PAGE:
ORGANISERS of the Lake District's 11th annual air extravaganza, taking place on July 23 and 24, have revealed their display line-up.
The Windermere Air Festival kicks off on the Saturday with the breathtaking acrobatics of the Breitling Wing Walkers, performing a sequence of manoeuvres and handstands whilst strapped to the top wings of the team's Boeing Stearman biplanes.
First day visitors will also be treated to the RedHawks' air show act with a slow, gentle and graceful four-minute, three-dimensional aerial ballet performed to soothing music by a pair of 42 year-old, wooden, high-efficiency aeroplanes, designed by French musician, artist, ceramicist and sculptor Réné Fournier.
Another Saturday highlight will be the RAF Falcons parachute display team, now in their 50th year.
The Battle of Britain Memorial Flight will grace the skies above Windermere on both days with special flights from the Spitfire, Hurricane and Lancaster Bomber.
The RV8tors will be flying their remarkably fast Vans RV-8's with powerful smoke systems, performing an exciting and memorable display.
Combining close formation aerobatics with speeds up to 230 mph, the display makes large manoeuvres that fill the sky and leave big smoke trails.
Also appearing at the festival will be the RAF Tucano and the RAF Hawk.
Both spectacular in their own right the Hawk display team will demonstrate the professional excellence of the RAF while the Tucano display consists of 21 manoeuvres including an offset barrel roll, stall turn, oblique loop and reverse wingover.
On Sunday, the Twister Duo will create a display of formation barrel loops, rolls and gravity defying zoom climbs.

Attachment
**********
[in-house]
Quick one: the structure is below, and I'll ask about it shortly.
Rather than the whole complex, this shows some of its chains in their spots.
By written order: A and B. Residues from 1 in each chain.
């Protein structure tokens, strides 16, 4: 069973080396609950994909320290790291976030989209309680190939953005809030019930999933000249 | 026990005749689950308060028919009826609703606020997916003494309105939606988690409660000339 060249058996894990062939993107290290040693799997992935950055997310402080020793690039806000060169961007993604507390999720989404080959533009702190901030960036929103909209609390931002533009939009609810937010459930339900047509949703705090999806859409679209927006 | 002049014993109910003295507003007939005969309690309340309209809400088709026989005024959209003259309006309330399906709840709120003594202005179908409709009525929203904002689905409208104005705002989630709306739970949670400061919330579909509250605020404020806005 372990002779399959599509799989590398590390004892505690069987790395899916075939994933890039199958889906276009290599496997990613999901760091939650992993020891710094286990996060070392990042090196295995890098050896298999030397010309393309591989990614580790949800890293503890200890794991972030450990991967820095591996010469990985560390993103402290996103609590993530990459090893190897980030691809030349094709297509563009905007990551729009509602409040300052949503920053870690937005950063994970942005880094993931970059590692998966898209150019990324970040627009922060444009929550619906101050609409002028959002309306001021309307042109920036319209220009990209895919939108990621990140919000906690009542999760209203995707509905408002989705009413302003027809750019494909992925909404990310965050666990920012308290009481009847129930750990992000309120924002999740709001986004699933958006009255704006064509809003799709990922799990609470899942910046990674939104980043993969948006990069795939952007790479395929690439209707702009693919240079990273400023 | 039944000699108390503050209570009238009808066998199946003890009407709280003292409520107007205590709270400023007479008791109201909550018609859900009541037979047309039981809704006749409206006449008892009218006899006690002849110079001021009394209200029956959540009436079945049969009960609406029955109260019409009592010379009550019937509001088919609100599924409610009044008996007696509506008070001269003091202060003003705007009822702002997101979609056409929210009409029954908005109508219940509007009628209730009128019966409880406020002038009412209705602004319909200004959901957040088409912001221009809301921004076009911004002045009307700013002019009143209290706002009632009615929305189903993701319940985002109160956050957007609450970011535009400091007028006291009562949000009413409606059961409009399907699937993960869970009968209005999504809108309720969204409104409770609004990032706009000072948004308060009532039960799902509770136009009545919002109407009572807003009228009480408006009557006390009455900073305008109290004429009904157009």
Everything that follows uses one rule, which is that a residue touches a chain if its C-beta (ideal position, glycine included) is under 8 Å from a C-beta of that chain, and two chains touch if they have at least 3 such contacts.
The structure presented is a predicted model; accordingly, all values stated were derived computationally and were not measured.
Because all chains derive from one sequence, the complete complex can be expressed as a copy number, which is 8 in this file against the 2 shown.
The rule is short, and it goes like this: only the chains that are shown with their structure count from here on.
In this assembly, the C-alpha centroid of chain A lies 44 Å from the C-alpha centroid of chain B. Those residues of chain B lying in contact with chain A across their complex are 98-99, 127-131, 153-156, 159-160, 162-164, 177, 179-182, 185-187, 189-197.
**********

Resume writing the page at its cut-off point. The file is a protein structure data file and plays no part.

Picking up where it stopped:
The highlight of the weekend is set to be the renowned ambassadors of the RAF and everyone’s favourite – The Red Arrows.
Having missed last year's Lakeland air show, the Royal Air Force Aerobatic Team, the Red Arrows, have been confirmed to headline 2011's festival.
Appearing at the air festival is a welcome return for Squadron Leader Graeme Bagnall.
Graeme, who is Red 10, is the team’s commentator and on the ground safety supervisor.
He was educated at nearby St Bee’s School, in Cumbria.
Mr Bagnall said: “We are really looking forward to displaying at Windermere.
"It’s a stunning location and will definitely be a highlight of the display season for me.
"I can’t wait to meet the crowd when I’m on the ground at the show doing the commentary for the Team.
"You get a real buzz from seeing how the audience reacts to the displays.”
The RAF Red Arrows have been wowing audiences since their first season in 1965, they have flown over 4,000 displays in 52 countries.
Today the Red Arrows are renowned throughout the world,acting as ambassadors for Great Britain when displaying overseas.
They also support UK industry by demonstrating the capabilities of British equipment and expertise.
Lucy Bennett, a director of the air festival, said: "It’s such a coup for us to host the Red Arrows this year.
"They put on such a fantastic display and really add some excitement to the programme.
"The highly acclaimed displays are filled full of twists, turns, drama and excitement - they are definitely not one to be missed."
Attractions on the ground at the Air Base include the military village, battle re-enactments and flying simulator, new kids have-a-go activities plus face painting, circus skills, music and great local food stalls.